Today's installment of campaign-related news items from across the country.
* For the first time in the history of the newspaper, USA Today
's editorial board published a piece
urging readers not to vote for a specific presidential candidate. "This year, the choice isn't between two capable major party nominees who happen to have significant ideological differences," today's piece read. "This year, one of the candidates -- Republican nominee Donald Trump -- is, by unanimous consensus of the Editorial Board, unfit for the presidency."
* On a related note, the editorial board of the Chicago Tribune
, which nearly always backs the Republican nominee, threw its support
to Libertarian Gary Johnson today.
* Healy Baumgardner, a Florida-based national surrogate for the Trump campaign, announced this morning she's quitting. "It is clear the campaign is now going in a direction I am no longer comfortable with and I have decided to move on," she said
* Jason Miller, Trump's senior communications adviser, fielded questions yesterday from MSNBC's Chuck Todd on why the campaign takes unscientific online polls so seriously. Miller's attempts at answering did not go well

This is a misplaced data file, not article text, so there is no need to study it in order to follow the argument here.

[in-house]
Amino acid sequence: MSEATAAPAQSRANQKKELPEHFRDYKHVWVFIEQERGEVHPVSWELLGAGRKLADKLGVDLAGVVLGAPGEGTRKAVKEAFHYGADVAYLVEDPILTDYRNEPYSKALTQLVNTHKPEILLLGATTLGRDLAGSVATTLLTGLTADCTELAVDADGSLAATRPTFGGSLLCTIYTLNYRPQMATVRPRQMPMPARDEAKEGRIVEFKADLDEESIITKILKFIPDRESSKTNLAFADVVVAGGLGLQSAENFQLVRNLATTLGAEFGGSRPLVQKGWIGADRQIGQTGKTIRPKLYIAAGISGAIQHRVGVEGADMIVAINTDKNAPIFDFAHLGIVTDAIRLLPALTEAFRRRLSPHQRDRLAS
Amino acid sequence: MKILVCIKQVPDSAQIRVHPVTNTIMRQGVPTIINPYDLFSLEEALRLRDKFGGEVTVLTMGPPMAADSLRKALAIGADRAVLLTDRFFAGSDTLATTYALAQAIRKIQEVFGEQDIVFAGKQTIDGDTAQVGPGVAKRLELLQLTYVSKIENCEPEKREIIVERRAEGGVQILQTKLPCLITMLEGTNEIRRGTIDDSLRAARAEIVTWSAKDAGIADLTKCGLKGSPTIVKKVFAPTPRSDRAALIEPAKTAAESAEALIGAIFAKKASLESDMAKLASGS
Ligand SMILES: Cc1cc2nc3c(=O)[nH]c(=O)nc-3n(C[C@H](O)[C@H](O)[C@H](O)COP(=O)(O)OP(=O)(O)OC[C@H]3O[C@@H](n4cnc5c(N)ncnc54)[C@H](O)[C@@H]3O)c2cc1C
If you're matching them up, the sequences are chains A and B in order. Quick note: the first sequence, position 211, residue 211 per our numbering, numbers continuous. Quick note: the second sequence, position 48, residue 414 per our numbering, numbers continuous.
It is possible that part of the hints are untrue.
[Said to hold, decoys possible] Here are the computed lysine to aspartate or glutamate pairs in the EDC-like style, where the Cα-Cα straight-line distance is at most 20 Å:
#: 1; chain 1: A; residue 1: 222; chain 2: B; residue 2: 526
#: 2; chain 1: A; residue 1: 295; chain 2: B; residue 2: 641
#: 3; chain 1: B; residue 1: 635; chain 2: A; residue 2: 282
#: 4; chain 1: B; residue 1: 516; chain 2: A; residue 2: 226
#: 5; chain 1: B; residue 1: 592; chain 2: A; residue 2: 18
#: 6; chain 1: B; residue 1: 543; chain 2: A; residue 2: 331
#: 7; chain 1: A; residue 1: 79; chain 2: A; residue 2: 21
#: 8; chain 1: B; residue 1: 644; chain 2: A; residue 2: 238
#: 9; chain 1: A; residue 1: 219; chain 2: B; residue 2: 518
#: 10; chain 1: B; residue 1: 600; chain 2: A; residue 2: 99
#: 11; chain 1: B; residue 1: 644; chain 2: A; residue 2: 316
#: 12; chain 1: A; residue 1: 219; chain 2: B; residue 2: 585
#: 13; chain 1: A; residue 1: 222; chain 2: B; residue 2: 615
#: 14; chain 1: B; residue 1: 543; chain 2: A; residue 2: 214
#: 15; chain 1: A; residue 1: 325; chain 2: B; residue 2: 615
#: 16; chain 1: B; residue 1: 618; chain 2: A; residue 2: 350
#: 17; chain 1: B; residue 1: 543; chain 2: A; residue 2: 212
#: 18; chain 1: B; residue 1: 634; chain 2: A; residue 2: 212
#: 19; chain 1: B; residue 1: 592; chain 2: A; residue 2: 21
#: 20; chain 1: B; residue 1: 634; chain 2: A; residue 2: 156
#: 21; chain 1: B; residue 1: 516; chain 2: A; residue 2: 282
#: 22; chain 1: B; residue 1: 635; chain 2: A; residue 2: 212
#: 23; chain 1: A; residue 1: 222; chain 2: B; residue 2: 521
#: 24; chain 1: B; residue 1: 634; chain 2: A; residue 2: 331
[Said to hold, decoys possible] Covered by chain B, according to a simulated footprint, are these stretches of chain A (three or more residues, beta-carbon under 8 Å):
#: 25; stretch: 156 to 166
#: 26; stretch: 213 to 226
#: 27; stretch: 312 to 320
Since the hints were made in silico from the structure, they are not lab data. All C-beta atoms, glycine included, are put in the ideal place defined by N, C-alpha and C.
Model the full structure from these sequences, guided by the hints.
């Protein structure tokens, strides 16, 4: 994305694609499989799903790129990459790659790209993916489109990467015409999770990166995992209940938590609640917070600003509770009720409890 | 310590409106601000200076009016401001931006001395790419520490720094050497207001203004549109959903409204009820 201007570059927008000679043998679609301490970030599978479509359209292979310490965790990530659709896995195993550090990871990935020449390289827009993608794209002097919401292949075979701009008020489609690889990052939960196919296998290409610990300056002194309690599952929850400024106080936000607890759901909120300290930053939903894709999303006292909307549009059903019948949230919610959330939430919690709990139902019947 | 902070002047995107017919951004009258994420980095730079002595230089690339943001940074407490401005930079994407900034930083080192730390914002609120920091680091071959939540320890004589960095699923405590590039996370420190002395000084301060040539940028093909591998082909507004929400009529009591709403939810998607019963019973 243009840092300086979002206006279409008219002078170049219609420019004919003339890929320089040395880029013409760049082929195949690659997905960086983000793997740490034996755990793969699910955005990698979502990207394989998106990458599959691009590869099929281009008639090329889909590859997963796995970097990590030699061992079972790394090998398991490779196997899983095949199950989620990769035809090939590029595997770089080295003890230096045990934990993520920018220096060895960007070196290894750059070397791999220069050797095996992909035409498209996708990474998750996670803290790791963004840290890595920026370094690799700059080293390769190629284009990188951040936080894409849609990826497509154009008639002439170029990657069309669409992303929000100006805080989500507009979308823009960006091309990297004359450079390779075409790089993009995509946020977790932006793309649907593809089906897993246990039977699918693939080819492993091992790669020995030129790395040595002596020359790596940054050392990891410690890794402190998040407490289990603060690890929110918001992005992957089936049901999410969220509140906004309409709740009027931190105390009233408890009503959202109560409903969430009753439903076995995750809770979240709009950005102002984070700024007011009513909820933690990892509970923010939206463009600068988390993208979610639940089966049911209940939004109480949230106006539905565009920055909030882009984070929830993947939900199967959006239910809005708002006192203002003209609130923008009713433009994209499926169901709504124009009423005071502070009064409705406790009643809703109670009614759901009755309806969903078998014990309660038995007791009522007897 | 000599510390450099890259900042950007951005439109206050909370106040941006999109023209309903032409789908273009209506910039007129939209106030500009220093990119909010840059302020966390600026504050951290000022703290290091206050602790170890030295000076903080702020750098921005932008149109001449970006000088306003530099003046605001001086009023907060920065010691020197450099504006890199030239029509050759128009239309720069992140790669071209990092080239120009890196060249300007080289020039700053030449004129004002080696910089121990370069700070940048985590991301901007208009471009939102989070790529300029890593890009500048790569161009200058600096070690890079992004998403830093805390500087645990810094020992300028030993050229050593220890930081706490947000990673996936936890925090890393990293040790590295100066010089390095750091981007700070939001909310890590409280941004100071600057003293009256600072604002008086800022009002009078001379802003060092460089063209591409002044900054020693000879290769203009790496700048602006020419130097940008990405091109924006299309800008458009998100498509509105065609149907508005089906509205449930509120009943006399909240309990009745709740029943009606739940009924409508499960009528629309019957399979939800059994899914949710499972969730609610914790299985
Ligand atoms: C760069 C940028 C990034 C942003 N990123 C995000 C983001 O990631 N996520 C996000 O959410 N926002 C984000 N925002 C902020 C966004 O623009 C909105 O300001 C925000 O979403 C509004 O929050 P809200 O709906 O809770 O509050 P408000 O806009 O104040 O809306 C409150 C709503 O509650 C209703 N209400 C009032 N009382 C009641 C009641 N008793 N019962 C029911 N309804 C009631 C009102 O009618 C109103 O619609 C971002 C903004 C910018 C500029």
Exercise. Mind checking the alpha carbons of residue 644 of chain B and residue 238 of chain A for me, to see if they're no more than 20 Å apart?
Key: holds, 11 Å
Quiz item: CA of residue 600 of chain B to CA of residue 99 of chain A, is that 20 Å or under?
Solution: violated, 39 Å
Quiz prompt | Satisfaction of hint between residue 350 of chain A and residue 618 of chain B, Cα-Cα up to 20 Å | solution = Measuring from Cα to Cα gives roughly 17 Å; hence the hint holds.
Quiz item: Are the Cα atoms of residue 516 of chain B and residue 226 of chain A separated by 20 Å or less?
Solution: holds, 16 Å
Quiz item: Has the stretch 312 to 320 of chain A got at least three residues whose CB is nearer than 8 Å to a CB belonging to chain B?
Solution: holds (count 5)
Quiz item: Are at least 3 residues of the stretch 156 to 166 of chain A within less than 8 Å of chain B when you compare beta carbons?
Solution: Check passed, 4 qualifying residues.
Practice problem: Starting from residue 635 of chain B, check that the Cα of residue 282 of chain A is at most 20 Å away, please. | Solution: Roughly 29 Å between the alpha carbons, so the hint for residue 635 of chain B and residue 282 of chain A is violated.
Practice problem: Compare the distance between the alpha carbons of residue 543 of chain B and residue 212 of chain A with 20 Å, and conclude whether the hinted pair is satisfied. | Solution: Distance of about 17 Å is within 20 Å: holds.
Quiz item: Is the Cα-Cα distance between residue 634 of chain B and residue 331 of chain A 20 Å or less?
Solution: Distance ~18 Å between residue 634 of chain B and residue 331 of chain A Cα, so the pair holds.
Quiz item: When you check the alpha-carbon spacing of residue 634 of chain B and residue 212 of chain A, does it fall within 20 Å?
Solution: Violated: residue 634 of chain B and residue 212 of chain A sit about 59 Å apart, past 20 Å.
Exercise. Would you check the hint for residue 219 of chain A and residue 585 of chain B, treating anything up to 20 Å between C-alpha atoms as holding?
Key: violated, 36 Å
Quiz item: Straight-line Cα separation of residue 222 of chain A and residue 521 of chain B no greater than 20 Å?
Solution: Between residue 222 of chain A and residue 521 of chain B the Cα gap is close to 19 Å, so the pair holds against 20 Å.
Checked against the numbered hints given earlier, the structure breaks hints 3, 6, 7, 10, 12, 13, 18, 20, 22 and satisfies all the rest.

* On Monday, Trump said Lester Holt did a "great job" at the debate. Yesterday, reflecting on the debate, the GOP nominee argued
, "I had to put up with the anchor and fight the anchor all the time on everything I said." Trump now believes the debate was "a rigged deal."
* In Florida, a new Mason-Dixon poll shows Hillary Clinton leading
Trump, 46% to 42%. Last month, the same poll showed Clinton ahead by just two in the Sunshine State.
* In New Hampshire, a new MassINC Polling Group poll for WBUR-FM shows Clinton ahead
in the Granite State, 42% to 35%, in a four-way contest. In a head-to-head match-up, Clinton's lead grows to nine points.
* In Michigan, a new Detroit News
shows Clinton up by seven in a four-way race, 42% to 35%.
* With polls showing Trump in the lead in Ohio, will the Clinton campaign give up on the state and focus resources elsewhere? That's a distinct possibility
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